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A Yankee Notebook

February 11, 2013



You've got to be taught To hate and fear,
You've got to be taught From year to year,
It's got to be drummed In your dear little ear,
You've got to be carefully taught.

Those lyrics were written back in 1949 for the musical South Pacific. World War II was still fresh in our minds. In the grip of that awful war, as it became clear that the United States couldn’t prevail without the participation of all its citizens (except for the Japanese-Americans in our concentration camps), President Roosevelt had signed an executive order banning discrimination in defense industries. His successor, Harry Truman, had in 1948 signed another order banning discrimination (but not yet segregation) in the military services. It’s hard to remember now, 65 years later, the raw rage those acts evoked in some areas and constituencies of the United States. It seemed to many that the world was being turned upside down – and for the sake of undeserving people, at that. Just as Scripture had earlier been invoked in the attempt to deny American women the franchise, it was now cited to justify the subjugation of African-Americans. Lynching did not abate; on the contrary, it increased. Martin Luther King, Jr., was twenty years old and getting ready to challenge three hundred years of slavery and incomplete reconstruction; the Montgomery bus boycott was still six years away; and To Kill a Mockingbird was yet but a gleam in Harper Lee’s eye. You think these are especially troubled times? You ain’t seen nothin’.

We Americans like to think ourselves exceptionally righteous and upstanding; a longer list of our supposed virtues can be found in the so-called Boy Scout Law. My travels have convinced me that this is a fatuous fiction. We’re depressingly like everybody else: no better or worse; certainly no wiser (than, for example, other nations that have declined to join us in our quixotic military adventures); just as xenophobic (despite the stirring words on the base of our Statue of Liberty) as France, Great Britain, or Japan. My own folks slipped into this country relatively easily; they were conservative Protestants, white, and practiced in a trade or business. Others, notably the Irish and Eastern Europeans, served apprenticeships in the most disagreeable jobs before eventually reaching the middle class. They were often vilified, and suspected of the worst crimes. A contemporary account of the aftermath of the great Johnstown Flood of 1889 mentions that “Hungarian ghouls” have been stripping the corpses of valuables. As Hadassah Lieberman cried out the night her husband, Joe, received the vice-presidential nomination, “Is this a great country, or what?”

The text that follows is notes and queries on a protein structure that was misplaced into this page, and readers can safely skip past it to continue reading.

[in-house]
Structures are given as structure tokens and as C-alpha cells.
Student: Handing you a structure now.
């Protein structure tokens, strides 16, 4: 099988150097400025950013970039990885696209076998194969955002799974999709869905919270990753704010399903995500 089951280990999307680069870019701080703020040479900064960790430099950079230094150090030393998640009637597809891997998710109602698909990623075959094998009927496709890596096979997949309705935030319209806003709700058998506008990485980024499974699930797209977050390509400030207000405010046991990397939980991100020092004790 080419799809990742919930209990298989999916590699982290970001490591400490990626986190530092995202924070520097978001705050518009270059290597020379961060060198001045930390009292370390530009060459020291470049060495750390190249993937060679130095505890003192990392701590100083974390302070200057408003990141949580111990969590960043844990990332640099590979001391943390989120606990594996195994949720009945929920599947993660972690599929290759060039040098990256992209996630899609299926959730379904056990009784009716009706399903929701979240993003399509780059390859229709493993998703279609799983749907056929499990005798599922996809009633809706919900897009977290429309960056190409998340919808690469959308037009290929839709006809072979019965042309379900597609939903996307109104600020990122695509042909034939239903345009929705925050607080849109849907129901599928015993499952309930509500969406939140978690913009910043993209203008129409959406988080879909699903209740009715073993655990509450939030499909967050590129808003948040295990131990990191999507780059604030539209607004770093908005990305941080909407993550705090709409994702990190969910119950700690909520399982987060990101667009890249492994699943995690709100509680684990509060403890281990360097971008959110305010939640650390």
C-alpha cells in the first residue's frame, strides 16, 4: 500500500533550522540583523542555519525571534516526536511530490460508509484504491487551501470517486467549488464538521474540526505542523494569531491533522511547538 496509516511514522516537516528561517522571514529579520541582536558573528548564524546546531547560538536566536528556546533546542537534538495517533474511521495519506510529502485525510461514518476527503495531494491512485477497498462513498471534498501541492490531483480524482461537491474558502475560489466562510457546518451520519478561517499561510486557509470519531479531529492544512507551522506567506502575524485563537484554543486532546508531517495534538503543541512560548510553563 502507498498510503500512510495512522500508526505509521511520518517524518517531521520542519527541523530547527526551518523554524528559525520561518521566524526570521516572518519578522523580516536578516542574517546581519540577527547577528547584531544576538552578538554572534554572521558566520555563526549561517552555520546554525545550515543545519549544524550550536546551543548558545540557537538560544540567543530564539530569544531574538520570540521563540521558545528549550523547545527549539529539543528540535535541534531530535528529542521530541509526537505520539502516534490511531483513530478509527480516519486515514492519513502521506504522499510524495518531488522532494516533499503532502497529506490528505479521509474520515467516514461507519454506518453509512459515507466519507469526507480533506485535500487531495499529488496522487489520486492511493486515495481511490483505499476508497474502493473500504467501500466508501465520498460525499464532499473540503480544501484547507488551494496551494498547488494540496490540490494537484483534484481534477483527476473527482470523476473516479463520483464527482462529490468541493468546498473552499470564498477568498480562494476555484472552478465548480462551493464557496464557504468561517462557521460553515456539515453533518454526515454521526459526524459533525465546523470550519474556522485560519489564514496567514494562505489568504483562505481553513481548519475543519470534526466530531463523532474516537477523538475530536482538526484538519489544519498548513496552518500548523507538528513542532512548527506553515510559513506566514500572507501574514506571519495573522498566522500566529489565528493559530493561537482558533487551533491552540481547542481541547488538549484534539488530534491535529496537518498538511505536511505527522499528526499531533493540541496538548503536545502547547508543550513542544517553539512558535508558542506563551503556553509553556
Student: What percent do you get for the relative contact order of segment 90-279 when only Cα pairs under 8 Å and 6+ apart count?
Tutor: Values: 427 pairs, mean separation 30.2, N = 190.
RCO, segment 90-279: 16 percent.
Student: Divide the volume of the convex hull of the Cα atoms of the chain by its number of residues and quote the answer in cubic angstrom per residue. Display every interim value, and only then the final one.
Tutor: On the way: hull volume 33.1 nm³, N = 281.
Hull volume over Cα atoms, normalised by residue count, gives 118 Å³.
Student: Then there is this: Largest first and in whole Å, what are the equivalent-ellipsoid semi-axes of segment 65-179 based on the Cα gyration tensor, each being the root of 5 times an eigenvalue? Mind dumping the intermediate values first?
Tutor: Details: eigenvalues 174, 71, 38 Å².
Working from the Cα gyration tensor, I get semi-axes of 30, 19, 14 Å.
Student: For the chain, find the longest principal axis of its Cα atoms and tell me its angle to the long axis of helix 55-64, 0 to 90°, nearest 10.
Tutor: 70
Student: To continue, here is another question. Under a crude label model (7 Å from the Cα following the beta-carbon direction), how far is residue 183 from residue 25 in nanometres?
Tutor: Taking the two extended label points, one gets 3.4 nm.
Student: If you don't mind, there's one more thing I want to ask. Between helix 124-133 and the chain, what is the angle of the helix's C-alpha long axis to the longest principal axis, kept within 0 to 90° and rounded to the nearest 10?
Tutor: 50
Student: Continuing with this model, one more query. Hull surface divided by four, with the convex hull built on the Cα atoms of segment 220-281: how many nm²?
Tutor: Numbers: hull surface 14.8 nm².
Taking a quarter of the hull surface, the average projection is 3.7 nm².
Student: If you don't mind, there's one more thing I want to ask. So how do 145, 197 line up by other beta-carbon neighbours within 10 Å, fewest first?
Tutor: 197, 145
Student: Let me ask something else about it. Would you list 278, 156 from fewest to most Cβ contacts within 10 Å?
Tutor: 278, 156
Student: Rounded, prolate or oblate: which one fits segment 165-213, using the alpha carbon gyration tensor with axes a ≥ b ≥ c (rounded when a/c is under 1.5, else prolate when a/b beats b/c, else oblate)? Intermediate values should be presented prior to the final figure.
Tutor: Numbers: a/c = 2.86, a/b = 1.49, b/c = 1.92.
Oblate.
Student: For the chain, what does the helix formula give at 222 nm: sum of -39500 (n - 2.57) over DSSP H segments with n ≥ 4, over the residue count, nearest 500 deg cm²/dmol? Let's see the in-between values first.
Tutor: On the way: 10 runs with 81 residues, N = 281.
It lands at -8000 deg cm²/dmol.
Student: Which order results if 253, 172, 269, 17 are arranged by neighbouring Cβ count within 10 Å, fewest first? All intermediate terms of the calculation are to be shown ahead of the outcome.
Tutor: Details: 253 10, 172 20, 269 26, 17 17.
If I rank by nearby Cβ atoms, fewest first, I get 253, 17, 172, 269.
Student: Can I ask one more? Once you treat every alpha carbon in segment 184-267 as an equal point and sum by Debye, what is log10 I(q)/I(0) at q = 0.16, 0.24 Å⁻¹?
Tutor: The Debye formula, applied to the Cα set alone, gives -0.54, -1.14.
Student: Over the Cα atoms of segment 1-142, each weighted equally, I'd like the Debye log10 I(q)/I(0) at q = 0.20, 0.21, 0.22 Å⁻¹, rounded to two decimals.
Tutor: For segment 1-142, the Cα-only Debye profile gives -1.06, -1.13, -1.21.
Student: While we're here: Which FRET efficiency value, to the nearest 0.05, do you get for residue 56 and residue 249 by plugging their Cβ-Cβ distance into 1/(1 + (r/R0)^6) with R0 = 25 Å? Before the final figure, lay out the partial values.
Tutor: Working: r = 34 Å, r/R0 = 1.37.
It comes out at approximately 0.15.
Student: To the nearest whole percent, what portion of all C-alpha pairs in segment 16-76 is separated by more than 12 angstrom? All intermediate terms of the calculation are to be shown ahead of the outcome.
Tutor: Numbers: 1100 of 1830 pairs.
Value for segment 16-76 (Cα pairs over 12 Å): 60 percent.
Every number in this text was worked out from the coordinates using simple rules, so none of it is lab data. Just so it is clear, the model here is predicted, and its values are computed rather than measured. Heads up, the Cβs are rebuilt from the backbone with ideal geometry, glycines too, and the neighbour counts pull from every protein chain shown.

You've got to be taught to be afraid
Of people whose eyes are oddly made,
And people whose skin is a diff'rent shade,
You've got to be carefully taught.

Those lyrics were judged by many to be too controversial for inclusion in a musical production. They’re sung by a character named Lieutenant Cable in response to a suggestion that racism is an inborn part of our human condition. Not surprisingly, they weren’t welcome in the American South; the torturous attempts to suppress them, when South Pacific went on the road, are ludicrous in retrospect. This occurred during the blossoming of the Cold War, when otherwise rational people expected to hear the jet engines of Russian bombers in the sky at any moment. Then, as now, fear tended to dominate the American psyche. Thus, in an attempt to have “You’ve Got to Be Taught” removed from the score of the traveling company of South Pacific, Southern legislatures introduced incredible bills designed to quell “any entertainment espousing an underlying philosophy inspired by Moscow.” The suggestion that mixed marriage was anything but a Biblically forbidden abomination was “a threat to the American way of life.” It should be no surprise that Rodgers and Hammerstein, no strangers to prejudice themselves, refused to remove it, even if it meant the cancellation of the show’s tour. They didn’t, and it didn’t.

I see that the Boy Scouts of America is still jammed up over the issue of allowing membership to openly gay scouts and leaders. After losing the financial support of several large corporate donors, the governing board hinted that a decision to open its membership by a sort of local-option arrangement was in the works. Almost immediately, its major religious sponsors – Southern Baptist, Roman Catholic, and Mormon – hinted even more strongly that such a decision without “further open discussion” probably would lead to their withdrawal. The Scouts are left in the position of the classic cartoon character bridging a stationary dock and a moving boat.

The AP article announcing the conflict features a photo of several young Scouts picketing with signs outside the Irving, Texas, offices of the BSA. The signs read, “Stand Strong” and “Keep Scouts Morally Straight.” The boys’ names run to Micah, John, Jacob, and James, to me suggesting Christianist (as in Islamist) home schooling. And the question must arise: Where do prepubescent boys pick up prejudices like that about their fellow Americans?

You've got to be taught before it's too late,
Before you are six or seven or eight,
To hate all the people your relatives hate,
You've got to be carefully taught!

Photo by Willem lange